Stemphylium leaf spot (Stemphylium botryorum): Spots on leaves are oval and dark brown with lighter center and are usually surrounded by a pale yellow to tan halo. Older leaves may be concentrically ringed and have a "target" appearance. A single lesion may cause a leaflet to turn yellow and drop off prematurely.

Summer black stem and leaf spot (Cercospora medicaginis): Small brown spots on leaves enlarge to form roughly circular, reddish brown to smoky brown lesions 2-6 mm in diameter. When relative humidity is at or near 100%, the lesions become ashy gray due to spore formation. Heavy infections kill leaflets and cause severe defoliation. As the season progresses, dark brown stem lesions enlarge and merge until most of the stem is discolored. Small stems, and petioles may die, resulting in further defoliation.

Control

Disease control in alfalfa is accomplished by using resistant cultivars and by following recommended agronomic practices which assure a vigorously growing crop. Resistant plants (Table 2) will be less diseased than susceptible plants, however, these plants are not immune and may sustain damage and yield loss. Control of rank growth by cutting or grazing will help lower the humidity in the foliage, thus reducing available moisture for pathogen growth and infection. Areas which become heavily diseased with Phytophthora root rot, Sclerotinia crown and stem rot, bacterial wilt, southern blight, or Rhizoctonia stem and foliage blight may need to be taken out of alfalfa production for two to three years or more. When possible, the field should be rotated with corn or sorghum to help prevent the build up of these pests. Deep tillage should be used to aid in decomposing pest infested residues. Fields with a history of Sclerotinia blight may do better if planted in the spring (avoid fall seeding into sod). Poorly drained soils can lead to soil-borne disease problems such as Phytophthora root rot and should be either improved by tillage or other means.

Field Monitoring

Disease control in alfalfa requires that problems be anticipated. Fields should be monitored for diseases in order to determine the best time for harvest and to plan future rotations. For example, diseases are more severe during wet weather. Therefore, if significant leaf spotting is observed and showers are in the forecast, a grower could anticipate rapid defoliation and reduction in hay quality. Dry weather would slow disease progression and reduce the hazard of disease loss.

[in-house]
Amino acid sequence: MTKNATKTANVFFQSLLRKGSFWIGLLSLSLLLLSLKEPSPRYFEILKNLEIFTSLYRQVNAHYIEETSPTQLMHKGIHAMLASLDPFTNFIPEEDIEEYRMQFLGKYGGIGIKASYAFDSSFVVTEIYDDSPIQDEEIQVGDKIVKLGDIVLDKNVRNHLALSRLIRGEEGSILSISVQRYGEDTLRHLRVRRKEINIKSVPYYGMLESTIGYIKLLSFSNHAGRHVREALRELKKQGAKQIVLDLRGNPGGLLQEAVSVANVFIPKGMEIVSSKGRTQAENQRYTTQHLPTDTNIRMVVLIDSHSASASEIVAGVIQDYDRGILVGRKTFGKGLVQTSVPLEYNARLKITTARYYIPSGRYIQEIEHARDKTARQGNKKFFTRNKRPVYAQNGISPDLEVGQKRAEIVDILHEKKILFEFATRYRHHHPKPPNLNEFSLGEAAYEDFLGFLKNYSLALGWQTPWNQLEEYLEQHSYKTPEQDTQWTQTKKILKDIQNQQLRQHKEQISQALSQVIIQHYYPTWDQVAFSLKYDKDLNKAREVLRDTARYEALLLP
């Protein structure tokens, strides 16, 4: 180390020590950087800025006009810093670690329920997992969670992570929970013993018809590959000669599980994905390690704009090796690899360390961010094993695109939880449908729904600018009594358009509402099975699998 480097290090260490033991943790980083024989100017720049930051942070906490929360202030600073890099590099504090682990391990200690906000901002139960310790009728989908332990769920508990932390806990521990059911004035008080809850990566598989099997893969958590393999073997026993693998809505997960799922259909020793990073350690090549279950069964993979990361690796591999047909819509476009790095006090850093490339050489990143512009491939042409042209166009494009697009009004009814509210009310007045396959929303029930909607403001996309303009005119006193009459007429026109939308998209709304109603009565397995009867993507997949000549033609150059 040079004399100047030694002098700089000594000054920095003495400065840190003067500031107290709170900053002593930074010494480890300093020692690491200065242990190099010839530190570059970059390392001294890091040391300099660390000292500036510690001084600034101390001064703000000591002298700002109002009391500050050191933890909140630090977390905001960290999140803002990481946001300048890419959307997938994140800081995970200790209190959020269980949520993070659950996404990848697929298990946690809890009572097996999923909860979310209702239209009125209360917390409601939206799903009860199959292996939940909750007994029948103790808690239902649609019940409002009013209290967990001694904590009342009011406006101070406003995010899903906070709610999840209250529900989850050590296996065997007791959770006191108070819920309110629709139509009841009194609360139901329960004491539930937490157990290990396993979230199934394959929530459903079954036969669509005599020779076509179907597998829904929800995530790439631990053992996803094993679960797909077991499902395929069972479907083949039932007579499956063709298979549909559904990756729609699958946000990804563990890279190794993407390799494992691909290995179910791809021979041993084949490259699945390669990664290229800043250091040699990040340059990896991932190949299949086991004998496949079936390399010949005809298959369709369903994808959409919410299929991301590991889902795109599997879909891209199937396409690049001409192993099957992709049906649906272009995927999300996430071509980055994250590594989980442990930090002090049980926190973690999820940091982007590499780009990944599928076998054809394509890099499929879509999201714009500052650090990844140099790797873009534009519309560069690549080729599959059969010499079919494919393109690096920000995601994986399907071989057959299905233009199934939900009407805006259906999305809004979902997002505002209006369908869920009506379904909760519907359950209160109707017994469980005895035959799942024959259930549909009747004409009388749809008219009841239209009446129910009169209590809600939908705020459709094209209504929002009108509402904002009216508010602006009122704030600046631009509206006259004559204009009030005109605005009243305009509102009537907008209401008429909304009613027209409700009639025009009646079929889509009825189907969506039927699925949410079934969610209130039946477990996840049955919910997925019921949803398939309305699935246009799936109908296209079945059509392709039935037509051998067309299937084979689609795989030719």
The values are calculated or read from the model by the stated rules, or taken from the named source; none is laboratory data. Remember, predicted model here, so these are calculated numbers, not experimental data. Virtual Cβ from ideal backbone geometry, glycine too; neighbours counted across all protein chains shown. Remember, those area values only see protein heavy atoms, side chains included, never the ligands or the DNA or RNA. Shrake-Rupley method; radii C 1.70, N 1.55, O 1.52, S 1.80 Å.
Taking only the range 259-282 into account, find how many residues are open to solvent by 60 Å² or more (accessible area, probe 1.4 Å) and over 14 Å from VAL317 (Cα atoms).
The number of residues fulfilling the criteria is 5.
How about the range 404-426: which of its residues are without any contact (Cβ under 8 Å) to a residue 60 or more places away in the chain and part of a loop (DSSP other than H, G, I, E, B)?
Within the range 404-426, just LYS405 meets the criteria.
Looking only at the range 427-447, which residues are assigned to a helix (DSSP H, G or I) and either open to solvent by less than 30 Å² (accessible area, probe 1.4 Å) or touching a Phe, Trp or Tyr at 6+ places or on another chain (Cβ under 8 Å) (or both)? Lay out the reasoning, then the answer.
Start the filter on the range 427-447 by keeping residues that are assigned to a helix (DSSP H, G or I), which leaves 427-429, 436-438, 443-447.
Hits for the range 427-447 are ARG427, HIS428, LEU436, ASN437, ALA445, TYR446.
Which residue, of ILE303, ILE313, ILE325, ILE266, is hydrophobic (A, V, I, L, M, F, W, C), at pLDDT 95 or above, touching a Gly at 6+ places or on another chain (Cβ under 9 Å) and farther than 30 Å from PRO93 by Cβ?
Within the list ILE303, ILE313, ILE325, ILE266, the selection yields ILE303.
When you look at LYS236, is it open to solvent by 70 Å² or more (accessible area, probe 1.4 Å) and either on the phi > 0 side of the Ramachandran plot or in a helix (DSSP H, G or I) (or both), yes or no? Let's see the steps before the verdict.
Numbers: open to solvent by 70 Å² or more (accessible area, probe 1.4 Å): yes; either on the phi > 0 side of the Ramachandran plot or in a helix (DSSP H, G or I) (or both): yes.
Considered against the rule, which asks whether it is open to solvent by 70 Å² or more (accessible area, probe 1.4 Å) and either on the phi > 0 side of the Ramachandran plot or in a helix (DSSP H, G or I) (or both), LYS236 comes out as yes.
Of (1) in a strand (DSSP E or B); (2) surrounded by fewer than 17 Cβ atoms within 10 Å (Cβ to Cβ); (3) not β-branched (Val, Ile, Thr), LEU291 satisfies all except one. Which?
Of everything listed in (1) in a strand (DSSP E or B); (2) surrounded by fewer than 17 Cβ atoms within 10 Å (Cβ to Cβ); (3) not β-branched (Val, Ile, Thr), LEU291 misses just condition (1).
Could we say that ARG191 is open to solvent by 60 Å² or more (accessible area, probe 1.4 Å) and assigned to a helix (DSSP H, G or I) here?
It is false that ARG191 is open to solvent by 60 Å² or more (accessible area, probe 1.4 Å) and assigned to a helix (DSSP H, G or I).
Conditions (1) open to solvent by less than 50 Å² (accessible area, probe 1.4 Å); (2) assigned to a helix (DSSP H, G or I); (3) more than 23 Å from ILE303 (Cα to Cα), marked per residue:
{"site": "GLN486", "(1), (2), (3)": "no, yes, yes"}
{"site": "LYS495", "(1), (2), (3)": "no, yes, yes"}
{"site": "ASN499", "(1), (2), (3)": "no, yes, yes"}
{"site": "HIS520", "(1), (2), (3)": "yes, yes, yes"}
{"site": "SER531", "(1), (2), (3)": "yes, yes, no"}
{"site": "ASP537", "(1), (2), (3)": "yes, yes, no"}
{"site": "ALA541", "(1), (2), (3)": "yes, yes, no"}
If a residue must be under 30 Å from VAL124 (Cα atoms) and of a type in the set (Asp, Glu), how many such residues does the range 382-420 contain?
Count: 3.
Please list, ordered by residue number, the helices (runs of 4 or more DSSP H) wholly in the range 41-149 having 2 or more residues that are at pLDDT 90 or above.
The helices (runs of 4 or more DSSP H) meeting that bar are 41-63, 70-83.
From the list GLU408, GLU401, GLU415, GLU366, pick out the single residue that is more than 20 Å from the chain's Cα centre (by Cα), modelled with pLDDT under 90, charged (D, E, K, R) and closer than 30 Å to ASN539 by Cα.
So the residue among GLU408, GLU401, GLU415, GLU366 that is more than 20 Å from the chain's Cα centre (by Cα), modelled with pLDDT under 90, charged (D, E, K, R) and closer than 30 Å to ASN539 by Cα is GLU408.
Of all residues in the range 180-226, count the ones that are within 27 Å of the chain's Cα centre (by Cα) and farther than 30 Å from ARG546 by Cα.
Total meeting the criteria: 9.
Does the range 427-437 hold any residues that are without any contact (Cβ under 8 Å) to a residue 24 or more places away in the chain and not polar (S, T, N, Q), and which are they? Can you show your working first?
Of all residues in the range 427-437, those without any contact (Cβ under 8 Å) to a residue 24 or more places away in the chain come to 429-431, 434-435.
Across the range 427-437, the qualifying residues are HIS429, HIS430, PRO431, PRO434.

Fungi which cause root and stem diseases form spores which infest the soil. Future rotations, tillage practices, and cultivar selection should be based on the severity and distribution of these soil-borne pests.

Fields should be scouted weekly during active growth and records kept on insects as well as diseases. As you walk, record the percentage of the leaflets which have leafspots. Look for thinned areas which may have root and stem blights. Record the percentage stand reduction due to this problem. Field mapping is a quick and effective way to maintain these records. For example, draw a picture of each field, circle problem areas, and identify the cause and severity. If you have trouble identifying the problem contact your county agent. Keep these records handy for future reference. An adequate number of stops (observations) to make in any field will depend upon the field size (Table 1).

Table 1. Number of stops to make while scouting in relation to field size.

Field Size
Number of Stops
10 or less
3
11-20
6
21-30
9
31-50
12
51 or more
split into 2 fields

Take an average of the numbers recorded and use these to determine if diseases are getting better, worse, or staying the same.

References

Graham, J. H., D. L. Stuteville, F. I. Frosheiser, and D. C. Erwin. 1979. A compendium of alfalfa diseases. The American Phytopatholgical Society, 3340 Pilot Knob Road, St. Paul, MN 55121.

Flint, M. L., and J. K. Clark. 1985. Integrated pest management for alfalfa hay. Pub. # 3312 (formerly 4104). ANR Publications, Univ. Calif., 6701 San Pablo Ave., Oakland, CA, 94608-1239.

Table 2. Disease resistance in selected alfalfa varieties.

 
Disease
Variety
BW
VW
FW
AN
PRR
120
HR
--
R
LR
R
DK 125
HR
R
R
HR
R
5331
HR
LR
HR
HR
R
5432
HR
R
HR
--
MR
Anstar
R
--
MR
R
--
Apollo
R
--
R
LR
R
Apollo II
R
MR
R
MR
HR
Apollo Supreme
HR
R
HR
HR
R
Arc
LR
--
MR
HR
--
Cimarron
HR
LR
HR
R
MR
Classic
R
--
R
LR
LR
Commandor
R
MR
R
HR
S
DK 135
R
MR
R
MR
MR
Fortress
R
R
R
R
HR
Hi-phy
HR
--
HR
--
MR
WL 316
MR
R
R
HR
MR
Shenandoah
HR
--
HR
HR
HR
WL 320
R
MR
HR
MR
R
S. Special
R
LR
HR
MR
MR
Florida 77
--
--
HR
MR
--


Abbreviations for resistance levels: S=susceptible; LR=low resistance; MR=moderate resistance; R=resistant; HR=high resistance; blank spaces (--) indicates variety is susceptible or has not been adequately tested.
Abbreviations: BW=bacterial wilt; VW=verticillium wilt; FW=fusarium wilt; AN=anthracnose; PRR=Phytopthora root rot.